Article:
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Thursday, September 10, 1998 Published at 09:11 GMT 10:11 UK

World: Europe

Yeltsin nominates Primakov

Yevgeni Primakov has gained the approval both of the president and of parliamentary deputies

Allan Little: Mr Primakov "a reluctant prime minister"
Russian President Boris Yeltsin has nominated the Foreign Minister, Yevgeny Primakov, to be prime minister, in an attempt to end the political stalemate in Moscow.

Russia crisis
This follows the withdrawal of acting Prime Minister Viktor Chernomydin after talks early on Thursday with Mr Yeltsin.

Mr Chernomyrdin said: "If it is Chernomyrdin that is the stumbling block, I shall divest myself of these powers. Russia has had enough shocks this century."

The BBC's Robert Parsons: "Mr Primakov is highly respected in the west"
The Communist party, which dominates parliament, has welcomed the choice of Mr Primakov.

"This is the most reasonable decision, and Primakov will undoubtedly receive the support of the state Duma," the communist Speaker of the Duma, Gennady Seleznev told the Interfax news agency.

Diplomat with no expertise on the economy

Mr Primakov is a career diplomat and a former member of the Soviet politburo.

He has no track record on economic matters, having been principally concerned with foreign affairs.

Richard Lister: West sees Primakov as "a wily political operator"
But BBC Moscow correspondent Alan Little says Mr Primakov is one of the few members of the current government who can claim real achievements, having created a role for Russia in world politics and won the respect of Western leaders.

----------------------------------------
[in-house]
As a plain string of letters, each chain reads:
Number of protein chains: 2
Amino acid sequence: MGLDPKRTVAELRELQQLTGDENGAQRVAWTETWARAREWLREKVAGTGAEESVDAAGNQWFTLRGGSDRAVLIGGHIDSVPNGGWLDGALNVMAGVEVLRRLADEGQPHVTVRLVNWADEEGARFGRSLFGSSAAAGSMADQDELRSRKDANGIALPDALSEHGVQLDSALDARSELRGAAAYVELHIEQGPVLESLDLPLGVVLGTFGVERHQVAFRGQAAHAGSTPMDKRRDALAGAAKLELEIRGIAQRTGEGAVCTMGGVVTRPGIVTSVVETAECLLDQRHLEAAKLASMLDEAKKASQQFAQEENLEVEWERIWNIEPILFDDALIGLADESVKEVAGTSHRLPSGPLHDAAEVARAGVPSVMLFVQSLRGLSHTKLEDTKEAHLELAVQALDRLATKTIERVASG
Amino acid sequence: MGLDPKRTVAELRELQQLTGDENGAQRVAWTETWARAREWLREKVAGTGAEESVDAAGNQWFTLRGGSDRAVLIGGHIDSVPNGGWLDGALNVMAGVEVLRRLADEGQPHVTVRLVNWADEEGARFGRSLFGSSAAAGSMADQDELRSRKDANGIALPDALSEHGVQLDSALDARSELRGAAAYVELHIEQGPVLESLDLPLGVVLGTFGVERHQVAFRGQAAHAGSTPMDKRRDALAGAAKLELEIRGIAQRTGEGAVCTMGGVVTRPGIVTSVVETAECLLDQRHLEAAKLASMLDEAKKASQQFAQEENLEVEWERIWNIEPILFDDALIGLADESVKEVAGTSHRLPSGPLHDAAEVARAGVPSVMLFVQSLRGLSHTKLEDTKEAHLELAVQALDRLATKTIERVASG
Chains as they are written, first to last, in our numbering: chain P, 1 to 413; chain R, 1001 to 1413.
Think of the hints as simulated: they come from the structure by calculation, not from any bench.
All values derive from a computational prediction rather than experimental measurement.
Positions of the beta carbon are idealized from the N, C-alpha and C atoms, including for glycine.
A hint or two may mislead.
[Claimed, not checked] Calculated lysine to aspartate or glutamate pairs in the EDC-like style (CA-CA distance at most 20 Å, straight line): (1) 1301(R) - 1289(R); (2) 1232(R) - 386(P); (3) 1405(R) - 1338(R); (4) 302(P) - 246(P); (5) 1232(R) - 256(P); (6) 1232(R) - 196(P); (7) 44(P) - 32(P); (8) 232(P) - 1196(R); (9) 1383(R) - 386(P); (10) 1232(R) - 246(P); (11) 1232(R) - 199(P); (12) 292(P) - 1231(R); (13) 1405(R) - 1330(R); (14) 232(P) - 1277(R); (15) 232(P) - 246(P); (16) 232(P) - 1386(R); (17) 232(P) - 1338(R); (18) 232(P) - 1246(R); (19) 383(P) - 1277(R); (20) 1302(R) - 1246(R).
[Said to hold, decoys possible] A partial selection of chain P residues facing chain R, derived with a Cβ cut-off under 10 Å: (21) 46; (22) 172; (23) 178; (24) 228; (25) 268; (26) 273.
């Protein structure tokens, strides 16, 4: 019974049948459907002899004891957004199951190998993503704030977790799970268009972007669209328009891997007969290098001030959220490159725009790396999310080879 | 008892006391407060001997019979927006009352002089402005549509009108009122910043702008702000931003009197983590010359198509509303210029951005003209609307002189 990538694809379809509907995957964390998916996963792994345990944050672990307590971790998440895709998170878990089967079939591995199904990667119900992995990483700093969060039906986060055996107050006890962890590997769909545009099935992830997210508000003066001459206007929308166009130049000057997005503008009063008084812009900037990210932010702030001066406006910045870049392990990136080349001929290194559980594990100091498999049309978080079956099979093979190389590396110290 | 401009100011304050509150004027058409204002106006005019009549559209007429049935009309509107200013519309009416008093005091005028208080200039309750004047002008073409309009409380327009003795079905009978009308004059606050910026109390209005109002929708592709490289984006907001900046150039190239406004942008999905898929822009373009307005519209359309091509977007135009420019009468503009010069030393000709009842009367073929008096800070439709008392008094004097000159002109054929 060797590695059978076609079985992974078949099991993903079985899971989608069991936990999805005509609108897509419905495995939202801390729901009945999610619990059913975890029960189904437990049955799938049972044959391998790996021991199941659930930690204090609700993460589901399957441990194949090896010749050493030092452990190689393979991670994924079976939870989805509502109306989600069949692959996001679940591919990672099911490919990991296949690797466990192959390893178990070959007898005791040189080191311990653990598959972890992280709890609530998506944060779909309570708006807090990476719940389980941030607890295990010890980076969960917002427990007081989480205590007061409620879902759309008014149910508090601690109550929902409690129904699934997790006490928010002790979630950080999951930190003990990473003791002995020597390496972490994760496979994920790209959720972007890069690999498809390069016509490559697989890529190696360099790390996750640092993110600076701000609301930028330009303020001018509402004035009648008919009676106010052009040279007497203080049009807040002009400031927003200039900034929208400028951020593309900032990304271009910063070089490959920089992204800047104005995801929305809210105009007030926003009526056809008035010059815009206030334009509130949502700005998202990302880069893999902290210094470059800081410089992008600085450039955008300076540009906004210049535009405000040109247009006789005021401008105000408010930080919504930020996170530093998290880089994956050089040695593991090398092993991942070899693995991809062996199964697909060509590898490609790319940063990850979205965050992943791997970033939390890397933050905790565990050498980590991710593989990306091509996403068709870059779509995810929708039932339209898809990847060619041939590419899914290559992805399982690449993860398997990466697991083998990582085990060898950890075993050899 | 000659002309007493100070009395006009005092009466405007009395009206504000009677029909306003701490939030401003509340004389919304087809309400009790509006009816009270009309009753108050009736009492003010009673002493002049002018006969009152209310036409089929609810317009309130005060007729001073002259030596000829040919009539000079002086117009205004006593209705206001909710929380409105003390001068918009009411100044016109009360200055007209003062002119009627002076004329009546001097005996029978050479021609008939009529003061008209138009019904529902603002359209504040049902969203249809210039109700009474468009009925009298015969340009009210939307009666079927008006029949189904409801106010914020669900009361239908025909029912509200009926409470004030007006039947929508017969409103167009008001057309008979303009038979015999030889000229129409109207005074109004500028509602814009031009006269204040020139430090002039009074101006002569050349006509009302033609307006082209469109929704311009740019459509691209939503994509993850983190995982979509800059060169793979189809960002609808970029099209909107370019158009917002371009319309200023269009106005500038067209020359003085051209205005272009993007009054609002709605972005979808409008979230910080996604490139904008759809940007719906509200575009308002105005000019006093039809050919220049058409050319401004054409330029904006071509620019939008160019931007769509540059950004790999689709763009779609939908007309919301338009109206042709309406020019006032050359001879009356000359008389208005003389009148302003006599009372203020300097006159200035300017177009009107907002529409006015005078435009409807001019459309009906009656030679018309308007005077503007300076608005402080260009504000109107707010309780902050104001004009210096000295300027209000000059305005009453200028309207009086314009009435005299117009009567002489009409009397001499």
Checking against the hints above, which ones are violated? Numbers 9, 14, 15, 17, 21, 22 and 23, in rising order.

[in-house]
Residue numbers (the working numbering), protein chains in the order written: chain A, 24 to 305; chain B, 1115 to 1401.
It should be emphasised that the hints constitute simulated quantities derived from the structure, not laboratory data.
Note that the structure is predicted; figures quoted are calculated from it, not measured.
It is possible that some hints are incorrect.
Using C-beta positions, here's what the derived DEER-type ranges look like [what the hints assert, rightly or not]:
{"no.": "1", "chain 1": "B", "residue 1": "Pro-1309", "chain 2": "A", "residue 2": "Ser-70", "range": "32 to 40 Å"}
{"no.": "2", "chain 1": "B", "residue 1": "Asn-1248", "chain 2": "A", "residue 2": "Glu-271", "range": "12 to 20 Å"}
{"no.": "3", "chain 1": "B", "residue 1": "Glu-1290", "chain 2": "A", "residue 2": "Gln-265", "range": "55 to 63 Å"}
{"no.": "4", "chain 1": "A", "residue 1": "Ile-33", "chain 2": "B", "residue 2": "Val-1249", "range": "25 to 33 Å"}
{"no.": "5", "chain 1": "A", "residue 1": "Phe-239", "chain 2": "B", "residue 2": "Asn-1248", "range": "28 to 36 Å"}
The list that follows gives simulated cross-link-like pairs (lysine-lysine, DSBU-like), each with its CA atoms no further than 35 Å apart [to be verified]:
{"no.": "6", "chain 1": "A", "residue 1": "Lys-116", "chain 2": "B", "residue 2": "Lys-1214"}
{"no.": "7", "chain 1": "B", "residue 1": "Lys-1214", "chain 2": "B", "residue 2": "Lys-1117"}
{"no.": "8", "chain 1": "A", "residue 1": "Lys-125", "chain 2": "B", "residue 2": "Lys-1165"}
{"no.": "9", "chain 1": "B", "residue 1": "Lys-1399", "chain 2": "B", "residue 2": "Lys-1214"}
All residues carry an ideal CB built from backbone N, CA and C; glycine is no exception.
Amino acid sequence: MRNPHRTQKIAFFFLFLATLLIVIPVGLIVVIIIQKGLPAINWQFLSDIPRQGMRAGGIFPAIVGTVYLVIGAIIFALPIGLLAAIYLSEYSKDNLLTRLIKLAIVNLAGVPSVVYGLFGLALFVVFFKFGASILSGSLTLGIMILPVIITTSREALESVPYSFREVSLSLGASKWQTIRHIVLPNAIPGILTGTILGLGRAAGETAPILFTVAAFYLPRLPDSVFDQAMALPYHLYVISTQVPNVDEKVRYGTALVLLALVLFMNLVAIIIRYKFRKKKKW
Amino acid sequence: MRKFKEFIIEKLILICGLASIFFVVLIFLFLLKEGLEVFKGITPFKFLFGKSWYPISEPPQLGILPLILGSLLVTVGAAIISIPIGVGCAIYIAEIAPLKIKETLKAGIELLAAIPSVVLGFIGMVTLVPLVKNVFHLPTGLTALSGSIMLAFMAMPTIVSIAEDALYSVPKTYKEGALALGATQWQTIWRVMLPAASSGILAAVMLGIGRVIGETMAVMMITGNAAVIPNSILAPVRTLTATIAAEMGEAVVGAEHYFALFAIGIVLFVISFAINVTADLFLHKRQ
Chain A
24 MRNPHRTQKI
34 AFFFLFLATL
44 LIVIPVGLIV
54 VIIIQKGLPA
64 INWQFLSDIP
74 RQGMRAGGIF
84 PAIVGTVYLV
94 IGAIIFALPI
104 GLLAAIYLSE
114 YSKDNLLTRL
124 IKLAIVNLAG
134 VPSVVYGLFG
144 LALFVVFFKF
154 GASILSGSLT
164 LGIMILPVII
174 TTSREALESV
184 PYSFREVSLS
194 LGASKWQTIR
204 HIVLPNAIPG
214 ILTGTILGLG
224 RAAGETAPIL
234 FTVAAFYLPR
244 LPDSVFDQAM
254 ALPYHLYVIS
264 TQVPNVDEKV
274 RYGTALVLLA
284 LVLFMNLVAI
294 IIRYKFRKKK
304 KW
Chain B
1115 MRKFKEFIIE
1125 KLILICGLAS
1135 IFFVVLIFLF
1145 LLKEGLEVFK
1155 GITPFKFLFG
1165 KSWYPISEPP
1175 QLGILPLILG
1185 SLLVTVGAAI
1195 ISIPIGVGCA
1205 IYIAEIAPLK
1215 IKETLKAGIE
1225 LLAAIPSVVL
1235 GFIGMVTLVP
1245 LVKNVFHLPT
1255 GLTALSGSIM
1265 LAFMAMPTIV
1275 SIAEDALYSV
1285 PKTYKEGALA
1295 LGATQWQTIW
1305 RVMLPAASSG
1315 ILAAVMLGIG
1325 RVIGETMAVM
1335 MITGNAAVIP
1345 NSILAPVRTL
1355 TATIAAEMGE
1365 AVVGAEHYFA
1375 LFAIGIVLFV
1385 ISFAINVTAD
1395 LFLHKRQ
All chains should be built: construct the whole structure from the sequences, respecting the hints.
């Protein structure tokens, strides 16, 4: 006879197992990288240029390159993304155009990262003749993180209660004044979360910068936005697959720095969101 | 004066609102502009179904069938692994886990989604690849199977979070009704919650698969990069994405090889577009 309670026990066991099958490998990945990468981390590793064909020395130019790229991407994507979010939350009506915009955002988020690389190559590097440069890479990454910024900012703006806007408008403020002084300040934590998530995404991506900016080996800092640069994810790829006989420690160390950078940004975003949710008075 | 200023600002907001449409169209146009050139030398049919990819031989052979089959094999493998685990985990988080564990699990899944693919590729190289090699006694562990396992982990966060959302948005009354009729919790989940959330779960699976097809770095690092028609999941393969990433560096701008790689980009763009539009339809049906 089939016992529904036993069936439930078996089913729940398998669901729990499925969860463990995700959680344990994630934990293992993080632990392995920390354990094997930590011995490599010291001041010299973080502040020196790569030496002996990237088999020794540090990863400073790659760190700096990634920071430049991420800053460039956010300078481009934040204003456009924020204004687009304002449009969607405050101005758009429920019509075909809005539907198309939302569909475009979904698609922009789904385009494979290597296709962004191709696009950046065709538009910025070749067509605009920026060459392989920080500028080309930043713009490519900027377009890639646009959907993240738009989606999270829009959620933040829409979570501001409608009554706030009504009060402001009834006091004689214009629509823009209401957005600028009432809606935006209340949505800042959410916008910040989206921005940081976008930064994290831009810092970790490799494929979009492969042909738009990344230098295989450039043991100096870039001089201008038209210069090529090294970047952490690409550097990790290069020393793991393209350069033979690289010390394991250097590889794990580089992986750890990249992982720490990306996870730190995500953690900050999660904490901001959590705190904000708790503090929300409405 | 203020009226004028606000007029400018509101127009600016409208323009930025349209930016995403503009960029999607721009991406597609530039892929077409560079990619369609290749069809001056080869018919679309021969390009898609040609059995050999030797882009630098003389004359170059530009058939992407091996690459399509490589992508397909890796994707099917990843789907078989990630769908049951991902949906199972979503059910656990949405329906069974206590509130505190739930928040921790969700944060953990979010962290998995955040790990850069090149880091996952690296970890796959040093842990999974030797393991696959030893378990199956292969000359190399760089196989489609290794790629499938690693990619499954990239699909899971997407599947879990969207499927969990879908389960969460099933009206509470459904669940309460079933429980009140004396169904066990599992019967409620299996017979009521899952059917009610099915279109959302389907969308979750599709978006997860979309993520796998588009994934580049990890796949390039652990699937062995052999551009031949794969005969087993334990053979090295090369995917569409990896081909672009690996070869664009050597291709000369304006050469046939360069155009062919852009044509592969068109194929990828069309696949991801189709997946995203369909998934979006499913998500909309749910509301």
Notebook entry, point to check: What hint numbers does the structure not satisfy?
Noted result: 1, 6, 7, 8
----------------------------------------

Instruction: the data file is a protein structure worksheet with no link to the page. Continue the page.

[ image: Viktor Chernomyrdin: Stood down]
Viktor Chernomyrdin: Stood down
In the past two weeks, Mr Yeltsin has twice nominated Mr Chernomyrdin as prime minister, only to have the nomination convincingly defeated by the lower house of parliament, the Duma.

If the president's choice of candidate were to be rejected again, the president would have to dissolve parliament and call an election.

Mr Yeltsin's choice of a new candidate came as it became increasingly obvious that Duma deputies would reject Mr Chernomyrdin a third time.

Communist leader Gennady Zyuganov threatened impeachmeant proceedings against Mr Yeltsin unless the president found a different nominee for the prime minister's post.

Mr Primakov originally said he did not want the job of prime minister, a feeling shared by most of the candidates proposed by party leaders for the post.

Our correspondent says that Mr Primakov has never shown any presidential ambitions, which will make it easier for him to take the tough and unpopular decisions which are likely to be part of his role as prime minister.

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